16 November, 2009

Intro to Woodturning: or How I'm Learning to Love the Lathe

See that? Please shed a tear for me, because that is the last photo I'm going to take with my beloved, long-term digital camera, the Sony Cybershot. Bought in Summer 2006 and carted around to South East Asia and Ukraine (not to mention my myriad adventures Stateside), this little camera has lived in a Gillette razor zipper bag that Kenny sort of tossed at me three and a half years ago when I said I needed a camera case. It was working fine on Friday when I took pictures of my papermaking loot, but today when I went to document my wood turning teacher at the lathe, it wouldn't focus. Which actually, sidenote, is totally appropriate given the subject matter, because today my understanding of woodturning was exactly as blurry as the photo above. At first I thought, hey, good job capturing my internal landscape, little Cybershot. But then it wouldn't focus at all, ever again, finis. Luckily I am often the recipient of my father's hand-me-down electronics. I am blessed with a rarity, for someone my age: my Dad actually not only digs but really goes after new technology. He can also be a little ADD about getting new stuff (I say it with love, Dad) so he is upgrading more than the average user, in general. This means I have his "old" camera waiting for a day just as this (it's better than the one I had until today), and I shall retrieve it when I'm in Williamsburg for a hot second on my way to Northern climes. Goodbye, little Cybershot. You will be sorely missed, especially when I'm trying to learn the ins and outs of my new one. P.S., what the hell do you do with broken electronics? I cannot throw Gillette Cybershot Globetrotter away. We've shared too much.

Anyway, this week I am obviously in wood turning. Photographs of the rest of this week shall be brought to you by my iPhone. Here we have what I managed, with lots and lots of help, to turn today:
It is a bud vase, meaning it has a hole on top but the bottom is solid (thank GOD.) This took me all day. It is very difficult.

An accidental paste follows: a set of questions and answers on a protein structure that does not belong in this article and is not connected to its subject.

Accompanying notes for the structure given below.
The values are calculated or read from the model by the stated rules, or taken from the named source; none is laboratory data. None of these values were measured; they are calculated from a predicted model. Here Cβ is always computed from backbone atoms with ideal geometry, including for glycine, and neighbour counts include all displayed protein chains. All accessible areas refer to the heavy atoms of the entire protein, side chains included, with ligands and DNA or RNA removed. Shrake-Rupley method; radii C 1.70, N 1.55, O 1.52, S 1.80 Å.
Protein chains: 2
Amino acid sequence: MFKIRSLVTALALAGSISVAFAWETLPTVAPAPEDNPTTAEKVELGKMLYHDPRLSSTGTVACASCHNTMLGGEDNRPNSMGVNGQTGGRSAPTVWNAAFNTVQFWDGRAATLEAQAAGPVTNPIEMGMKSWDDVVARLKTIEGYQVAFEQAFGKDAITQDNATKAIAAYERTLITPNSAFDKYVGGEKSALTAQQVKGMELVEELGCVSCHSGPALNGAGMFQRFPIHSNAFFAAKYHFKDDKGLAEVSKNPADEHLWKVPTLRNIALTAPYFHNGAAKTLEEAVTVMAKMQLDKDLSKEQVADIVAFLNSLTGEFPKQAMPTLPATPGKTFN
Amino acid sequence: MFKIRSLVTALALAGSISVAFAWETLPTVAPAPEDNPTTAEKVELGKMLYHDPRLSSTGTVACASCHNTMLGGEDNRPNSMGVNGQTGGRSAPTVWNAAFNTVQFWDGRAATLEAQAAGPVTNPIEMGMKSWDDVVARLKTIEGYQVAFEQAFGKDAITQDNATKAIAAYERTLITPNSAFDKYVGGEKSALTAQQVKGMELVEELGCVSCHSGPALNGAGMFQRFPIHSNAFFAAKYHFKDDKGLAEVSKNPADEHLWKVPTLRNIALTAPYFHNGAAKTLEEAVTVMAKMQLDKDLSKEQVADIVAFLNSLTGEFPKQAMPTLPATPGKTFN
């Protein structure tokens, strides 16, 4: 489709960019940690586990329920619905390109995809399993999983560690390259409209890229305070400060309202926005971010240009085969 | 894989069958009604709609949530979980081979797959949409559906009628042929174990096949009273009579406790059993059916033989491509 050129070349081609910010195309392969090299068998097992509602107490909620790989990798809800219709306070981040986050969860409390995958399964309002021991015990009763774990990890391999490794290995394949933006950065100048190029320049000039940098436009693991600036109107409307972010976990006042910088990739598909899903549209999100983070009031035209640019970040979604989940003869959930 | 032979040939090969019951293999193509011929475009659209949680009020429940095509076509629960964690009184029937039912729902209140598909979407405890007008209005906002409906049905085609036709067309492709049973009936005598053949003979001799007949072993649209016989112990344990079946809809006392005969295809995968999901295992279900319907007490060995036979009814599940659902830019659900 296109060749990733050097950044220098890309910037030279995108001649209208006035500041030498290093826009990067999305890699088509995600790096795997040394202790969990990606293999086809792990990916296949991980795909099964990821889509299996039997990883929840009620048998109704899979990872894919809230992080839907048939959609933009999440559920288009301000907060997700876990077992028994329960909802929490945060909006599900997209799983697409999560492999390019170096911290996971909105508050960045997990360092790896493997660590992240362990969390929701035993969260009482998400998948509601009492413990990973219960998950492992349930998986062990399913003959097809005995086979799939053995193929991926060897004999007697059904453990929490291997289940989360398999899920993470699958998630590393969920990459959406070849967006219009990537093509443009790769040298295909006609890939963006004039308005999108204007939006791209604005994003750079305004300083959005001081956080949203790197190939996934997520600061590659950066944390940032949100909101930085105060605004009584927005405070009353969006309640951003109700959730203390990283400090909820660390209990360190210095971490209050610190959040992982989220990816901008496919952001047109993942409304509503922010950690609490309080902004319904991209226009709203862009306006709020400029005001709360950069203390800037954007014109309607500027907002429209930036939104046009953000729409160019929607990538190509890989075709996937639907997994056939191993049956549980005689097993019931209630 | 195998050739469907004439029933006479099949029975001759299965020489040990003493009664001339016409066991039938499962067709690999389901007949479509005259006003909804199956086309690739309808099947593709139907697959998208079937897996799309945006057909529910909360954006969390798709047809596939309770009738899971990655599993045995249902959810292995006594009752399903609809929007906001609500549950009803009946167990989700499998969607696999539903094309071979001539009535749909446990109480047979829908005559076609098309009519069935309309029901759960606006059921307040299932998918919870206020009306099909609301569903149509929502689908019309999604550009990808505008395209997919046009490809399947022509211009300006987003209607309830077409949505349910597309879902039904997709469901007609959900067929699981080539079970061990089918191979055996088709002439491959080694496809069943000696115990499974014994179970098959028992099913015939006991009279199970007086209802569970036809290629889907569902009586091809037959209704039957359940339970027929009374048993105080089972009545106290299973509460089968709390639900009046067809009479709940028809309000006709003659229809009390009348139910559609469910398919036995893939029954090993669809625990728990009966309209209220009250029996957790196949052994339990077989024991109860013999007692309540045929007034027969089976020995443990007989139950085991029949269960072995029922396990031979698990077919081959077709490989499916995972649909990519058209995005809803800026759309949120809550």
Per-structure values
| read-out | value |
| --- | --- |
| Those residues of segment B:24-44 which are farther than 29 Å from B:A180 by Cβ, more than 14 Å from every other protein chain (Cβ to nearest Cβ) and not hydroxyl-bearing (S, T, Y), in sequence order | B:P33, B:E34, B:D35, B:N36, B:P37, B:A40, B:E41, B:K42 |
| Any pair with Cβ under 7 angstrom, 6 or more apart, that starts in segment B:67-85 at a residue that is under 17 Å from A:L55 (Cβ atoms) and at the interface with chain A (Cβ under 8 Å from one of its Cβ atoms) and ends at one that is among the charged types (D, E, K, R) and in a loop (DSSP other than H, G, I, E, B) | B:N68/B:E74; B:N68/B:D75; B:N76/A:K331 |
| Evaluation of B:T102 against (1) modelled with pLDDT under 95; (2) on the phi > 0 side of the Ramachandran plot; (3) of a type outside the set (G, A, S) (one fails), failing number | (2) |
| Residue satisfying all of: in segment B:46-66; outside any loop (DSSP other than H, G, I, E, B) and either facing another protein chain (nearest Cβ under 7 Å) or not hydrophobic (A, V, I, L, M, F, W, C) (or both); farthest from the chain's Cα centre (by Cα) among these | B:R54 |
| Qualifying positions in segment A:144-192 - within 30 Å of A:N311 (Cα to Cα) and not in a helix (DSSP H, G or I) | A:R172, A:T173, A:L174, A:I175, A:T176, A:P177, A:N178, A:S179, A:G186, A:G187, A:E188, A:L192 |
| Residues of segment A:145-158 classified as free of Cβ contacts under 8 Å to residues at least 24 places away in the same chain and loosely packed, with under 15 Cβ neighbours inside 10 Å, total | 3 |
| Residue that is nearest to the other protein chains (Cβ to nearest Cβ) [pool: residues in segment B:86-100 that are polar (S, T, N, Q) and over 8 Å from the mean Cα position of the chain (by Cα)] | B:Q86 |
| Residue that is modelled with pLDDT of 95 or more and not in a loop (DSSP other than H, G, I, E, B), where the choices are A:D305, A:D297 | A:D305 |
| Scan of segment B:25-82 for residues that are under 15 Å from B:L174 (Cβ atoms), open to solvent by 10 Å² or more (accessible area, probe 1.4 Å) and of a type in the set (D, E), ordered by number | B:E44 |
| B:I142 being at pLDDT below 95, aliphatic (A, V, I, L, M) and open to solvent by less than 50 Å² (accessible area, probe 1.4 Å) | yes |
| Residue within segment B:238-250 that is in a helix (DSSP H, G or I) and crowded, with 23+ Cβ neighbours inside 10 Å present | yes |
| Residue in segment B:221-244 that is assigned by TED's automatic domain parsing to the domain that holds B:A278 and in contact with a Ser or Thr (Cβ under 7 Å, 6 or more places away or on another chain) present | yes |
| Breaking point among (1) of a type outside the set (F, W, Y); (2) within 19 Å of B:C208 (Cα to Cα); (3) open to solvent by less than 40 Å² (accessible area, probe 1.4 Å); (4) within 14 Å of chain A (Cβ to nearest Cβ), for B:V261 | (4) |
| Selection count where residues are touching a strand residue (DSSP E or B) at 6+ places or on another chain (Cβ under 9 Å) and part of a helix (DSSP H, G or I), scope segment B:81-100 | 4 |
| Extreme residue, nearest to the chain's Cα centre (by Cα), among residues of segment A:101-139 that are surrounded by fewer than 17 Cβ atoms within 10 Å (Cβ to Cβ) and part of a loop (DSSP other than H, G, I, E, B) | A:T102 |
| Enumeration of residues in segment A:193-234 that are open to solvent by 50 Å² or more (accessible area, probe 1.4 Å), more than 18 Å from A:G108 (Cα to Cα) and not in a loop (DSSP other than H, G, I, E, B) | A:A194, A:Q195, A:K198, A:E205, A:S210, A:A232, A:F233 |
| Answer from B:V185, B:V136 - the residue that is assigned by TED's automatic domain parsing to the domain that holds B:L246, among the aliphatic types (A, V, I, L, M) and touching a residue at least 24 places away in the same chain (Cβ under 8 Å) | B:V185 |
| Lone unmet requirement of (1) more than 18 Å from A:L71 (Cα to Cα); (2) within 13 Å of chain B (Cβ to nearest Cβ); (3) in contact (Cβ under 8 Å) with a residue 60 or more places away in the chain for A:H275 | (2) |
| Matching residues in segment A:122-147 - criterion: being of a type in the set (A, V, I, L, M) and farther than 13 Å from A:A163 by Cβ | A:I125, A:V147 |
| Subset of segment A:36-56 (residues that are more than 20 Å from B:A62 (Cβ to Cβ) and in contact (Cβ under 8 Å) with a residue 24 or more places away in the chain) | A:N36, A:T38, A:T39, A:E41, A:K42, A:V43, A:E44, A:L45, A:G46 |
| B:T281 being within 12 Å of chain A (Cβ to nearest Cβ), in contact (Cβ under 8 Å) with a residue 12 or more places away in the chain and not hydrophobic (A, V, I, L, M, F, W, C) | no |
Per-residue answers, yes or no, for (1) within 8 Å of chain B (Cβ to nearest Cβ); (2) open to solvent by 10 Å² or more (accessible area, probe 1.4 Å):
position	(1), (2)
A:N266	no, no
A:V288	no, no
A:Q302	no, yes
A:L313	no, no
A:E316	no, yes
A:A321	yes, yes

Hmm, what to say at this point... it was Monday, also known here at the Folk School as International Frustration Day, celebrated by those of us who are in class as beginners. I am this week's only beginning woodturner (yipee!) which means I naturally demand lots of extra attention from my instructor, a hilarious Mormon from (where else?) Utah, who is both incredibly talented and a very good teacher. A brilliant combination, I must say. He is usually pretty good at coming over when I have made a terrible noise, either with my mouth or with the lathe, and patiently explains again about bevels and angles and uphills and downhills and sharpening tools and rotating the shaft. Heh. Also, I think it's important to say that what I know about Mormons I learned from reading Dooce, which is like someone saying they know about Ukrainians because they have seen Everything is Illuminated. By this I mean, I have a limited but probably somewhat accurate understanding of Mormons, and they are awesome. I ran an errand for my teacher tonight and bought two half gallons of ice cream ("anything with chocolate and nuts, but no marshmallows") and several 12-packs of soda. Ahh yes, the soda thing. I remember reading about that.

In other news, the Folk School and its grounds have been particularly beautiful lately... check it:
Cold misty morning while on a little jog

Ringing the dinner bell at twilight: my point of view

1 comment:

John Williams said...

Nice banter on the blog.
Good to get a beginner woodturner's thoughts and feelings about woodturning.

I'm on Flickr a lot.

Jessica K.. Get yours at bighugelabs.com/flickr